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#3215501 05/11/22 03:04 PM
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I compose for a hobby and am having lots of fun in the process. [Not so much with having to cope with the pain that is using Finale notation software.]

I'd like to share some short variations on a tune I got to know growing up in South Africa. It appeared in an Afrikaans Hymnal with text inspired by the scene from the Gospels where Jesus blessed the children. To English speakers it may be known as A Vesper Hymn.

Sorry for the MIDI.

Piano Variations on Hark! The Vesper Hymn is Stealing

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One can hear that you are enjoying yourself. I also hear a composer who writes traditional tonal music. Which I am a fan of, by the way. Is that why it has remained a hobby?

I also listened to your Greek Dance. Again that pleasure in your music. I would add a complete repeat after the slow movement though.


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That was great Christo. Loved the simple start to begin with. Followed by surprising dynamics. Very nice.

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Hi Rowy. Thanks so much for the suggestion for the Greek Dance. I will most definitely see how one can go about repeating that section.

I was one of those total music nerds (and I use that word with no negative connotation, nor would I ascribe it to someone else) when I grew up. I spend hours at the piano daily. I devoured anything I could read on music.

I started almost all of the compositions I am trying to finish these days when still a teen and digging them up, finishing and polishing them (to some degree) is akin to doing a crossword puzzle for me now - something engaging which I do only for myself. I also became increasingly frustrated at several failed attempts to see things through in my life and so I feel compelled to do something about it.

For me, I can honestly say I admire the likes of Bartok, Prokofiev, Messiaen and everything that came before (in terms of the progression towards modernism) so wholeheartedly that I have a wealth of music to love, extensive enough that I do not need to try and get to like Stockhausen and Cage. Anyway, as a piano performance major my affinity lies with late Baroque to late Romantic (and some of the first half of the 20 century added for spice).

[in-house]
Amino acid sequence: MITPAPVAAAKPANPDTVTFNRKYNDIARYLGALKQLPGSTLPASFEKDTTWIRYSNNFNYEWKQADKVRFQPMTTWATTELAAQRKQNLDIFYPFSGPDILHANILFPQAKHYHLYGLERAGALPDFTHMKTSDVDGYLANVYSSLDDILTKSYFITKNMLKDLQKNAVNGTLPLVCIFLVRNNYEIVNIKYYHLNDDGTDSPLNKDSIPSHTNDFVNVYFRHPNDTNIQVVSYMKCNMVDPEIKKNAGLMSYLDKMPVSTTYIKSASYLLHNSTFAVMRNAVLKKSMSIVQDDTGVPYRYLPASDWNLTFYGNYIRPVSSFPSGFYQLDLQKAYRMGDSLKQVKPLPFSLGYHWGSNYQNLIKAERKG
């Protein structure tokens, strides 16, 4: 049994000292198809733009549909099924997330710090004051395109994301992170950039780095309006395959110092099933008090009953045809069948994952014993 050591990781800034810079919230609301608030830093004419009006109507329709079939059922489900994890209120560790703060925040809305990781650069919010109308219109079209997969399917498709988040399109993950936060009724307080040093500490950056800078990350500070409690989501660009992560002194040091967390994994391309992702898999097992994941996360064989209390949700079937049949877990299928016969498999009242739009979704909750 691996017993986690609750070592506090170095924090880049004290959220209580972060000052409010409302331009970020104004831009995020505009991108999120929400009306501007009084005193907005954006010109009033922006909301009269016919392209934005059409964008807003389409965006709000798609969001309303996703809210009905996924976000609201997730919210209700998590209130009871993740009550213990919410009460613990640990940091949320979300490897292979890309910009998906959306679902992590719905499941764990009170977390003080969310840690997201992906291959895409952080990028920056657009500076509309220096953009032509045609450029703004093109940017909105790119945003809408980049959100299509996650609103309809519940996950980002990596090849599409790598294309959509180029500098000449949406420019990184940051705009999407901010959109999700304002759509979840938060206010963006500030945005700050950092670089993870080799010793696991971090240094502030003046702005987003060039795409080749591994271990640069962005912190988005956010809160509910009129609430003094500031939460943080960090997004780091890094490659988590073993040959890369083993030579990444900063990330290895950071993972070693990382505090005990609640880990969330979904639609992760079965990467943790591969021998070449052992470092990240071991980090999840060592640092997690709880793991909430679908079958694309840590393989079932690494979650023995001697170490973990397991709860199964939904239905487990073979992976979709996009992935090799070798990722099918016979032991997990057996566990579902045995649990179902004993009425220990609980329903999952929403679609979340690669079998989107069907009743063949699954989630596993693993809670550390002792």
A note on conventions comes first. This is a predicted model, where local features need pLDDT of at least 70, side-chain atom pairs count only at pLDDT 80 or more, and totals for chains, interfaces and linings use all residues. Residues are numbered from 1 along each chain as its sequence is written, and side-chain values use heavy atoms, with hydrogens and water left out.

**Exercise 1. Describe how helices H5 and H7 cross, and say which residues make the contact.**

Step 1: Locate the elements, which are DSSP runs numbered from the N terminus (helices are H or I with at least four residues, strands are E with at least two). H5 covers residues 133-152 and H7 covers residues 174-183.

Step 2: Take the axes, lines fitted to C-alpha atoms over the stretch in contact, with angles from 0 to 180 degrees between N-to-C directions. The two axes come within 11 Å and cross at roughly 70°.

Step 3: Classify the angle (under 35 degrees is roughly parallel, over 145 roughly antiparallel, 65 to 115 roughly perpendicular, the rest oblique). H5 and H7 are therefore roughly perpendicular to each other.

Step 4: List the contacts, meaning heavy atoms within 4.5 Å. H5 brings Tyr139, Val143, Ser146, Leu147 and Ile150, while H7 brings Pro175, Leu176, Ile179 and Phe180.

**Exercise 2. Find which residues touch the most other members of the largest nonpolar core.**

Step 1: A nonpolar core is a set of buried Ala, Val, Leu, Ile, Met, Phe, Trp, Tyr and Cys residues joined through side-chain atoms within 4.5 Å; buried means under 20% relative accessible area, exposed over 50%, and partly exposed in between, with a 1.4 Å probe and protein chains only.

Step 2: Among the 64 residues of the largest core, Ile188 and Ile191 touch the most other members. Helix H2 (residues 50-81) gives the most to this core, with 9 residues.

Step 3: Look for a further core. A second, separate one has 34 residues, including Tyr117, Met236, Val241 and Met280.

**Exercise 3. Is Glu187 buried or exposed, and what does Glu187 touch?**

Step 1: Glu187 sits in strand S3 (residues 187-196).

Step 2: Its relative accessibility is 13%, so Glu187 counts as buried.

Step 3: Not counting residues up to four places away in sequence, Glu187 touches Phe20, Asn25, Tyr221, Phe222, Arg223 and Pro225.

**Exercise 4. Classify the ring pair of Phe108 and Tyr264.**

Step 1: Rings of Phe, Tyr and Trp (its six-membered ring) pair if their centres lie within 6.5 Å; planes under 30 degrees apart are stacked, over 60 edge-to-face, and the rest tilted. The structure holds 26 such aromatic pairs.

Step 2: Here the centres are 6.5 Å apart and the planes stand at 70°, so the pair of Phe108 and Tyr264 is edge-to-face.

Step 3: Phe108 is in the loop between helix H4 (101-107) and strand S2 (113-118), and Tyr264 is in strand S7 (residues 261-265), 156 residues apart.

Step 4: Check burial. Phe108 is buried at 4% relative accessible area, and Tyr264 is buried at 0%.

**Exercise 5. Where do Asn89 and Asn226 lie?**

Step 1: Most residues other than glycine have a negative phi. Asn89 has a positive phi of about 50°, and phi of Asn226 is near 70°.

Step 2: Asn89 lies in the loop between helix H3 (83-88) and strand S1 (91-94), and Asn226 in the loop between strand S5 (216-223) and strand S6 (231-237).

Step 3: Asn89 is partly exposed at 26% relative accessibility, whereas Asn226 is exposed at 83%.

So I write music that sounds a little bit like the music that I love realising full well that it is the product of my musical education and that it doesn't fit with someone who tries to be "a composer" (in any era).
You know - finding a unique voice, being relevant and all that...

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Thanks SouthPark. I really do appreciate anyone listening and making the effort to comment (positive or negative) and especially when it validates what one tried to do in the composition.
It's generous of you.

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Originally Posted by ChristoVanRensburg
So I write music that sounds a little bit like the music that I love realising full well that it is the product of my musical education and that it doesn't fit with someone who tries to be "a composer" (in any era). You know - finding a unique voice, being relevant and all that...

Great music, Christo! I see you are not afraid of a dissonance!
I could sign your last paragraph… :-)


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Originally Posted by ChristoVanRensburg
So I write music that sounds a little bit like the music that I love realising full well that it is the product of my musical education and that it doesn't fit with someone who tries to be "a composer" (in any era).
You know - finding a unique voice, being relevant and all that...